New investment unites Plymouth and Exeter researchers to defeat dementia

Dementia researchers in Plymouth and Exeter have been brought together in an exciting new venture to defeat dementia. In the lead up to World Alzheimer’s Day, the UK’s leading dementia research charity has announced new investment in a Research Network across the UK, bringing scientists together to tackle this devastating condition. Alzheimer’s Research UK will support 15 Network Centres of scientific excellence across the UK, including a brand new Centre in the South West. Plymouth University and the University of Exeter will receive a much-needed boost in investment, benefiting from £50,000 of new funding over two years alone, with continued support pledged for the coming years. The investment is part of the charity’s £100m Defeat Dementia fundraising campaign, announced in June by the Prime Minister.

With calls from the G8 Dementia Summit in December for increased collaboration and joint working in dementia research, the Alzheimer’s Research UK Research Network brings together scientists from a variety of disciplines, both within their own institution, in neighbouring centres of academic excellence and across the country. Teams of scientists who would not normally encounter each other are able to pool their knowledge in projects that span the length of the country. As Plymouth and Exeter have built strong reputations for excellence in dementia research, it has become essential to create a nexus for researchers in the region.

Nearly 13,000 people in Plymouth and Exeter alone have dementia and the formation of a new Network in the area will strengthen research taking place to understand and find a cure for the condition. As the newest member of the Alzheimer’s Research UK Network, which was first established in 1998, funding for the South West Network Centre will provide brand new opportunities for scientists to share resources, attend scientific conferences and pursue innovative projects with small experimental grants.

Besides providing a focal point for researchers, the Network will also serve to help the local community understand the progress being made in dementia research. Every year, scientists from Plymouth and Exeter will host a free public meeting, an informal event for the public to hear about the latest research findings. These events will foster dialogue between researchers and those touched by the condition, which can provide scientists with new insights into dementia and inspire new approaches to research.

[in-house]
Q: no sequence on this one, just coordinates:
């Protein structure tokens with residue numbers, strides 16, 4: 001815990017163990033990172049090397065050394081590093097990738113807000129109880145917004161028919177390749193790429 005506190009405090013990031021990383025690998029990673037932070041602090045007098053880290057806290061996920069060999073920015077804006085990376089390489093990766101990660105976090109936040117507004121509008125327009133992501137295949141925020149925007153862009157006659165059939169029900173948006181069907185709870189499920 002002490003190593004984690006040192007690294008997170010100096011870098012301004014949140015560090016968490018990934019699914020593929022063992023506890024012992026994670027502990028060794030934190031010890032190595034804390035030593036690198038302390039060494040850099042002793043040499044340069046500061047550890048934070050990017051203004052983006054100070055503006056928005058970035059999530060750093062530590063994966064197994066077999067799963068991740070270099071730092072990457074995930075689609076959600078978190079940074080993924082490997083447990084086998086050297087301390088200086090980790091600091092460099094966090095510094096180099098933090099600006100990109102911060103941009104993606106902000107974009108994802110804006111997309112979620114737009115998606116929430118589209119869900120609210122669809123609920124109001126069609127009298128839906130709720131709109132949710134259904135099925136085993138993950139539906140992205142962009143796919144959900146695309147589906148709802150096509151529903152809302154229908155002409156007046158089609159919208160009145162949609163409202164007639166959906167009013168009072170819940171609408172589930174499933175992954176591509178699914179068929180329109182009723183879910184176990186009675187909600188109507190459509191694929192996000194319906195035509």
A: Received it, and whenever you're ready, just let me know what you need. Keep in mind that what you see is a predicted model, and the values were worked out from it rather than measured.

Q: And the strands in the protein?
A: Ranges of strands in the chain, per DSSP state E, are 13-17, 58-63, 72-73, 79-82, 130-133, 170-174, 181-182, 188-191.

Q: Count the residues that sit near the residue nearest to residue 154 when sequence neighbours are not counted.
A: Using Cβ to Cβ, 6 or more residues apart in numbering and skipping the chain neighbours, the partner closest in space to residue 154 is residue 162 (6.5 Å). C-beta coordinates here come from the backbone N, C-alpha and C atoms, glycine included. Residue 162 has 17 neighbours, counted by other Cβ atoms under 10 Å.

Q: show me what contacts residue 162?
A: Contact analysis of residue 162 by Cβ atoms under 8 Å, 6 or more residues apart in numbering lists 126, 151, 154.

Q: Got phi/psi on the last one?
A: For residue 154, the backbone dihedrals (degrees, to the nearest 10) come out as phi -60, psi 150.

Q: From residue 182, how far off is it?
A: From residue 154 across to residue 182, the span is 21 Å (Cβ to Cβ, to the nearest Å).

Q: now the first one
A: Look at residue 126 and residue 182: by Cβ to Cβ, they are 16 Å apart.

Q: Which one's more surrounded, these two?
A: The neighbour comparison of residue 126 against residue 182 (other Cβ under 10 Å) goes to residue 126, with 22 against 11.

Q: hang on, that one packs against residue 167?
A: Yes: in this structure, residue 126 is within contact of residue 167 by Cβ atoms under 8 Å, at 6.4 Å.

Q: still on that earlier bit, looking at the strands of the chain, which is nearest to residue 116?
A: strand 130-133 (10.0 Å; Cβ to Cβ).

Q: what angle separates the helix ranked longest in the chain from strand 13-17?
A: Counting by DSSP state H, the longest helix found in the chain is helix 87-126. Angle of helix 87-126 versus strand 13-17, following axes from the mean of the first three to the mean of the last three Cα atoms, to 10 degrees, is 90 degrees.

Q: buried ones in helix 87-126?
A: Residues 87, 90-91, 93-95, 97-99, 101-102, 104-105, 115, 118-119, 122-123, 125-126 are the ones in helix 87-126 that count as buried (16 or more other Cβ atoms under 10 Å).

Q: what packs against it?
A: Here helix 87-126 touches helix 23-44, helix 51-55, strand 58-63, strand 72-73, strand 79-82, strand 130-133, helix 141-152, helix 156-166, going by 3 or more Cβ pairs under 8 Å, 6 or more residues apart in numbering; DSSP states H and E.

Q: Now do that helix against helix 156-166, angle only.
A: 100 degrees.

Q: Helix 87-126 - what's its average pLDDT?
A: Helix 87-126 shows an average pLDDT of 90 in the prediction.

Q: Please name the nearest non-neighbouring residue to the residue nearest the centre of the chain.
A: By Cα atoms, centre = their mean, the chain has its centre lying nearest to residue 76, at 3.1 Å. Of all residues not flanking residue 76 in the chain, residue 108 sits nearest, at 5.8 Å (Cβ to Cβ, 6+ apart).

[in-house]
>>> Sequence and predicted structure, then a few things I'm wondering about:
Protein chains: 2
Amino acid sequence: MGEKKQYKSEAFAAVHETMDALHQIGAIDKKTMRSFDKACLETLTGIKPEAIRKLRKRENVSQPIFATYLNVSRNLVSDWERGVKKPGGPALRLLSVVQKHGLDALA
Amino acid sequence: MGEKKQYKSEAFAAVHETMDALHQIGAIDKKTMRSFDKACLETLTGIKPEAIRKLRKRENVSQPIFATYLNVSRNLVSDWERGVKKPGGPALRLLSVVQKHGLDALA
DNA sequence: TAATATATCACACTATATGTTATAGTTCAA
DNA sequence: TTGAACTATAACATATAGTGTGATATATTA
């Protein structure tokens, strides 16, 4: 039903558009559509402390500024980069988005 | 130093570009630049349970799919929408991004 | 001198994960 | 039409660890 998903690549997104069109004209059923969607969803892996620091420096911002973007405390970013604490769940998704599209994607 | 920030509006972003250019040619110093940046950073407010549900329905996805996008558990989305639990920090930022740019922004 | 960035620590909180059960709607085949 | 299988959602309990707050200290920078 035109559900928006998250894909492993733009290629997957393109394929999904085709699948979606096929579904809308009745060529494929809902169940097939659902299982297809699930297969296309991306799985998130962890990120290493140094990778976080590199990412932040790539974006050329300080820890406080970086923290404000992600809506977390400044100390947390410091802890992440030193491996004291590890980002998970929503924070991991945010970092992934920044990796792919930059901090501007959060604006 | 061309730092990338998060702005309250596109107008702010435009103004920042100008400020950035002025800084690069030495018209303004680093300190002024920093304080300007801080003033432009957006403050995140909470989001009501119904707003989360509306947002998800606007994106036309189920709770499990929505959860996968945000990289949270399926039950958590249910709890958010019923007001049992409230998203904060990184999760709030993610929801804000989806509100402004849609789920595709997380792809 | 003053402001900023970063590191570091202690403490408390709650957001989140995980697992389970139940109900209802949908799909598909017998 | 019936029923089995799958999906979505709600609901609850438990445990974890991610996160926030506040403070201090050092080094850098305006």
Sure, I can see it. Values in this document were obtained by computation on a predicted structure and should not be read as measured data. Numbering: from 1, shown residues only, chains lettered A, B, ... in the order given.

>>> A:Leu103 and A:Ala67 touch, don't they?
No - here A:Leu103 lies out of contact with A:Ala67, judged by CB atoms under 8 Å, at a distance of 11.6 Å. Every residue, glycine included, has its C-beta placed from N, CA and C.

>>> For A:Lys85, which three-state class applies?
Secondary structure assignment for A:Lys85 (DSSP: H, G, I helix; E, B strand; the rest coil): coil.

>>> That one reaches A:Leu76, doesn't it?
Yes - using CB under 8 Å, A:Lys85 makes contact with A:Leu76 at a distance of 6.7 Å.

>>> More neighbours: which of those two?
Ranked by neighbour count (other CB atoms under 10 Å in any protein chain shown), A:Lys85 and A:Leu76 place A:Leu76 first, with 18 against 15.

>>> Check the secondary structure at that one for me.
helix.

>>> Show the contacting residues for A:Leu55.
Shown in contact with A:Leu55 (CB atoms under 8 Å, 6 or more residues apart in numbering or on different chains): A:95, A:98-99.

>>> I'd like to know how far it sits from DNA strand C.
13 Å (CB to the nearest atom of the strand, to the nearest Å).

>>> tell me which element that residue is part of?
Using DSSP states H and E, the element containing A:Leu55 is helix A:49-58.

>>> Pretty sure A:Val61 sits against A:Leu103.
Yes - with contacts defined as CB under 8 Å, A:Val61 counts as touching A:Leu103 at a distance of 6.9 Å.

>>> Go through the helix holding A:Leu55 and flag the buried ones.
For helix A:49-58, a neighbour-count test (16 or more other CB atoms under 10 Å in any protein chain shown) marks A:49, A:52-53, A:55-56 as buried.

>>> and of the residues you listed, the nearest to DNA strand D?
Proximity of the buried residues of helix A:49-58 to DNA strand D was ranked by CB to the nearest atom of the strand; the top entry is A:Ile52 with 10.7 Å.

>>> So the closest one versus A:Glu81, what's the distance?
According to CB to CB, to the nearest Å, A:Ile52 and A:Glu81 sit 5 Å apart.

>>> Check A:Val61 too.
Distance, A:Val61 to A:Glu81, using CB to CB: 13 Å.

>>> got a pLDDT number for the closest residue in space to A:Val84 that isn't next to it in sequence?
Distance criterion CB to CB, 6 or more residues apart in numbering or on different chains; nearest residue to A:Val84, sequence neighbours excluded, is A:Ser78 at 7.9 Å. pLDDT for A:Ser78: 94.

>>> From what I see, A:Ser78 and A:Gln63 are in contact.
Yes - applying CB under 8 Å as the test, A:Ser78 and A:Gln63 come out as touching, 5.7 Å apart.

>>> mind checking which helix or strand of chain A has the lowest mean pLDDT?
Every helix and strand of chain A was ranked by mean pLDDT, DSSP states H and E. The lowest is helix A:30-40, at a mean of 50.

Dr Eric Karran, Director of Research at Alzheimer’s Research UK, said: “We will not find a cure for dementia by working in isolation. Investment in our Research Network is essential to bring scientists together to share ideas and resources. Supporting grass-roots research is crucial to lay strong foundations for larger studies and we are pleased to be able to invest in people and ideas that could provide the breakthrough moments we are all desperate for.
“Alzheimer’s Research UK is leading the way in terms of investment in research, but it is also crucial that we foster collaborations – locally, nationally and internationally. The Research Network will unite researchers across the UK in tackling dementia from different angles, in order to meet our aim to defeat dementia sooner.”
Dr Oleg Anichtchik, researcher at Plymouth University and Co-ordinator of the South West Research Network Centre, said: “I speak on behalf of the research community in the South West when I say how happy we are to have been named as an Alzheimer’s Research UK Network Centre. Researchers in the area are focussing on so many different topics; from trying to better understand rarer forms of dementia such as dementia with Lewy bodies, to how subtle modifications to DNA can alter the progression of Alzheimer’s. We also have strong connections with clinicians working with dementia patients and will aim to strengthen these through the work of the Network.”
Dr Katie Lunnon, lecturer at the University of Exeter and administrator of the South West Research Network Centre, said: “The South West Network Centre will act as a hub for dementia researchers from different backgrounds, allowing us to learn from each other and share resources. The great benefit of the Alzheimer’s Research UK Research Network is that it allows scientists to place their findings in the wider context of dementia research, and draw on other people’s expertise to make the journey from interesting idea to patient benefit faster and easier.”

Liz Ayre, from Budleigh Salterton in East Devon, lost her husband Mike to early-onset Alzheimer’s last year. 

She said: “Mike was only 46 when he was diagnosed with early-onset Alzheimer’s in 2008 – it was a terrible shock for us and our two daughters. Although he was quite active at first, he rapidly deteriorated. The clever, quiet man we knew needed help with most everyday things – he couldn’t button his shirts, he couldn’t clean his teeth and his behaviour became increasingly disturbing. It broke our hearts when he needed 24-hour care in a nursing home. We wanted to shout from the rooftops that more money is needed for research to find new treatments. I’m so delighted to hear more funding is being made available for Alzheimer’s Research UK’s research experts here in the South West.”
Alison Seabeck MP added: "Given the city and people of Plymouth's wider commitment to support those with dementia and Alzheimer's, having a centre of recognised research excellence is important.  Therefore the successful bid from Plymouth and Exeter universities and medical schools to establish a research network is very welcome."

For further information about Alzheimer’s Research UK call 0300 111 5555